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I am trying to find all the jars which has spring in its name. I am working with windows and using cygwin to run the linux commands. Does my below command looks right?

find . -name "*.jar" -exec jar tf '{}' \| grep -H "spring" \;

For some reason, it is still processing and haven't got the result on the screen. Any fast way to grep the jar file with a particular name?

For example, below are the valid jar files which has spring in it -

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You can try without grep like this. find /some/dir -type f -name "*spring*.jar" –  Ramesh Jun 16 '14 at 20:17
@Ramesh, OP's looking to check the jar listing for spring –  1_CR Jun 16 '14 at 20:19
@1_CR, yeah, so my command is also to search all jar files which has the word spring in it. –  Ramesh Jun 16 '14 at 20:21
Your command is looking for a file name with spring in it, but it is looking at the files in the jar. –  richard Jun 16 '14 at 21:26
@richar: no only the jar name which has spring in its name. –  lining Jun 16 '14 at 23:36

2 Answers 2

I do not believe the jar command accepts multiple .jar files by way of arguments so AFAIK a single jar invocation addressing all .jar files is out of the question. One option to speed things up by avoiding one find exec invocation for each .jar file is the follows

find . -name '*.jar' -exec sh -c \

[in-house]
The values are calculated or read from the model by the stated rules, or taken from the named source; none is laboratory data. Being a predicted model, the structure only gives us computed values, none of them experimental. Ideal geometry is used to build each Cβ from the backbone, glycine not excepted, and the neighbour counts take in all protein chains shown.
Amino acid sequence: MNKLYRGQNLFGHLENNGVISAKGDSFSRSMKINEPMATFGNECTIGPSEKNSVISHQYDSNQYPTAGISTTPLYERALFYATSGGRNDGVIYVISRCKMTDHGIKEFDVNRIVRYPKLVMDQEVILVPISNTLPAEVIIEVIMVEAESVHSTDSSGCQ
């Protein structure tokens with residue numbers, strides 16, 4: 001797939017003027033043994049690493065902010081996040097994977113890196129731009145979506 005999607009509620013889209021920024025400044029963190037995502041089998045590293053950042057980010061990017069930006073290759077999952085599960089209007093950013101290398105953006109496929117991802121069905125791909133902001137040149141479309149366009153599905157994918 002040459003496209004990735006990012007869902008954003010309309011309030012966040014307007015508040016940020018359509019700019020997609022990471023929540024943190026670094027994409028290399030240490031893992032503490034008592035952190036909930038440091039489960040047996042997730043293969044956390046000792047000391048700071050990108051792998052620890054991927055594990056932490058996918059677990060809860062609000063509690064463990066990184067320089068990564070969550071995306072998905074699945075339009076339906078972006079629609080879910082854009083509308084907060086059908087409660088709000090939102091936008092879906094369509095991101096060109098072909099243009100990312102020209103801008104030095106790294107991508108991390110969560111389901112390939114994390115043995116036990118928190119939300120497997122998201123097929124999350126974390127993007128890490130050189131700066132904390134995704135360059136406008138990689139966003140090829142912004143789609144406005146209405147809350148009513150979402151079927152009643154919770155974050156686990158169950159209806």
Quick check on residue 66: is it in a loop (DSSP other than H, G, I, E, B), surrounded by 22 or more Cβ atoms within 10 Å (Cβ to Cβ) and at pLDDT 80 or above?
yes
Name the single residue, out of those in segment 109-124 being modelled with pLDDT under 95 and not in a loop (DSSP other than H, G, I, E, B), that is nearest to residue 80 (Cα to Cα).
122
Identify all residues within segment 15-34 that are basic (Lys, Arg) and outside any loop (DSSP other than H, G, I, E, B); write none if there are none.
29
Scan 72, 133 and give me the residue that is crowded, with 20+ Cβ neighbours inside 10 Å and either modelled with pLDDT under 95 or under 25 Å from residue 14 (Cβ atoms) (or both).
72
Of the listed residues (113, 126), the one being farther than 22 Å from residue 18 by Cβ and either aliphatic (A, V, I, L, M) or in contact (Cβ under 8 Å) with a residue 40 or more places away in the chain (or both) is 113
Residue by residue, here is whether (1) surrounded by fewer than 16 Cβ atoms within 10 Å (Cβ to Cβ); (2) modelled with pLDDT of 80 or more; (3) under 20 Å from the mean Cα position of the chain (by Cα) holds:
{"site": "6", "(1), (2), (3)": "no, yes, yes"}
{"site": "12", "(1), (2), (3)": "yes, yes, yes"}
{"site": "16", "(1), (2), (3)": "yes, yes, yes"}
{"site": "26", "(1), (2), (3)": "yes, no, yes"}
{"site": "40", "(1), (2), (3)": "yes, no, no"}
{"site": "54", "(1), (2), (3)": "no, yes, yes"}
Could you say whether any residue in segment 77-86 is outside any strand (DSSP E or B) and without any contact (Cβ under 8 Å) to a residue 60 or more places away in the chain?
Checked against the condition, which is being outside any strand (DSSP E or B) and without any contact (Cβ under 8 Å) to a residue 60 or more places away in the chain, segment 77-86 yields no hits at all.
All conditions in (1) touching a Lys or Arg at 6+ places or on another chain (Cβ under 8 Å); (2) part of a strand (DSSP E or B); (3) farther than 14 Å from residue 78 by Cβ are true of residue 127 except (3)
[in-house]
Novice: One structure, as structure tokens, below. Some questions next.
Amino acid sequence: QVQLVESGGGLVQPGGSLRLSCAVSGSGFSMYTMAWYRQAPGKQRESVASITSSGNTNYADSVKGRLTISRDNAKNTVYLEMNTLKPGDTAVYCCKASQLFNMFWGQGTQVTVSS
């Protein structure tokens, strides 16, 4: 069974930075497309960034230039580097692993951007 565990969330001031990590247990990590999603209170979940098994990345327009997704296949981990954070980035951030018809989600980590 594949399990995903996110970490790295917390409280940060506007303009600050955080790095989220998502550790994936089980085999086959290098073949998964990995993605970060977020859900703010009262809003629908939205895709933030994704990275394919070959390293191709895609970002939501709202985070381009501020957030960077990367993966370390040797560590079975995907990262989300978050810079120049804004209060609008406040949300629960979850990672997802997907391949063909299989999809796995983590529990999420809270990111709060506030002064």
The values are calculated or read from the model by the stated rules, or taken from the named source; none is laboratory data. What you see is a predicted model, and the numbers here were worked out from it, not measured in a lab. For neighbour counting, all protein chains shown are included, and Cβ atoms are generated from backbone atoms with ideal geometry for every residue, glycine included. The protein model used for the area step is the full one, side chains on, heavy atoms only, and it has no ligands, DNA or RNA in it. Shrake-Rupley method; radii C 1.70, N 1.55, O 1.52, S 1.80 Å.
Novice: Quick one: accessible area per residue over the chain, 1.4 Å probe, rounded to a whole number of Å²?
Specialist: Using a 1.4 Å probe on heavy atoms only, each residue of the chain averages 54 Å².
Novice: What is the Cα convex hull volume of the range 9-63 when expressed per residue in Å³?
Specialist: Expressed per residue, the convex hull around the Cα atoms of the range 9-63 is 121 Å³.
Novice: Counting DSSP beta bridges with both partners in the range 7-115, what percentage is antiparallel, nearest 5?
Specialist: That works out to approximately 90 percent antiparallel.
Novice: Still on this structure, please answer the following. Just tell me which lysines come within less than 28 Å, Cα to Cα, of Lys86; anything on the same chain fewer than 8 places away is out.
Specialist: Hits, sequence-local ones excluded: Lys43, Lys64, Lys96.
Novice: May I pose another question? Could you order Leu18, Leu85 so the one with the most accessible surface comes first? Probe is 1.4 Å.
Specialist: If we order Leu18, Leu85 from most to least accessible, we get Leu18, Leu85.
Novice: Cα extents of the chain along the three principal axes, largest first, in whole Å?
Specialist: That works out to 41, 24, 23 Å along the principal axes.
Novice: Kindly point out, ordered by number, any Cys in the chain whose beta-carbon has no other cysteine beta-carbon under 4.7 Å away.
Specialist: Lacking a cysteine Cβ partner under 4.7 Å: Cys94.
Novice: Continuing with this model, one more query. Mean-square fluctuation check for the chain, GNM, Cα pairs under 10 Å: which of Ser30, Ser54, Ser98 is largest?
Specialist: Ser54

'for f; do  jar -tf "$f" | grep --label="$f" "spring"; done' sh {} +
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The below command would look for the jar files that have substring spring in it.

find /some/dir -type f -name "*spring*.jar"

Now, your original command looks through the content, which isn't what the text around it or the examples say.

find . -name "*.jar" -exec jar tf '{}' \| grep -H "spring" \;

Please find this chat description where Gilles explains why the above command is not what you are looking for.


[root@keithpc check]# cd jar_check/
[root@keithpc jar_check]# ls
[root@keithpc jar_check]# touch spring1.jar
[root@keithpc jar_check]# touch 1spring.jar
[root@keithpc jar_check]# touch no_sss_spring.jar
[root@keithpc jar_check]# touch spring.txt


[root@keithpc jar_check]# find ./ -type f -name "*spring*.jar"

As you can see, the spring.txt file is not returned which I believe is what you are looking for.

Now, to understand what your command does,

  1. First I have created a java file which has the name as springtest.
  2. Now, I create the class file by running the java command on the java file.
  3. Now, I add it to the jar file by running the jar command.
  4. Now, when I run your command, it will return me the class file rather than the jar file that you are looking for.

     [root@keithpc jar_check1]# javac springtest.java
     [root@keithpc jar_check1]# java springtest
     [root@keithpc jar_check1]# jar cvf springtest.jar springtest.class
     added manifest
     adding: springtest.class(in = 426) (out= 286)(deflated 32%)
     ##Here I run your command after creating the jar file. 
     [root@keithpc jar_check1]# find . -name "*.jar" -exec jar tf '{}' \| 
     grep -H "spring" \;
     ##As you can see, it returns me the class file rather than the 
     jar file as the output.  
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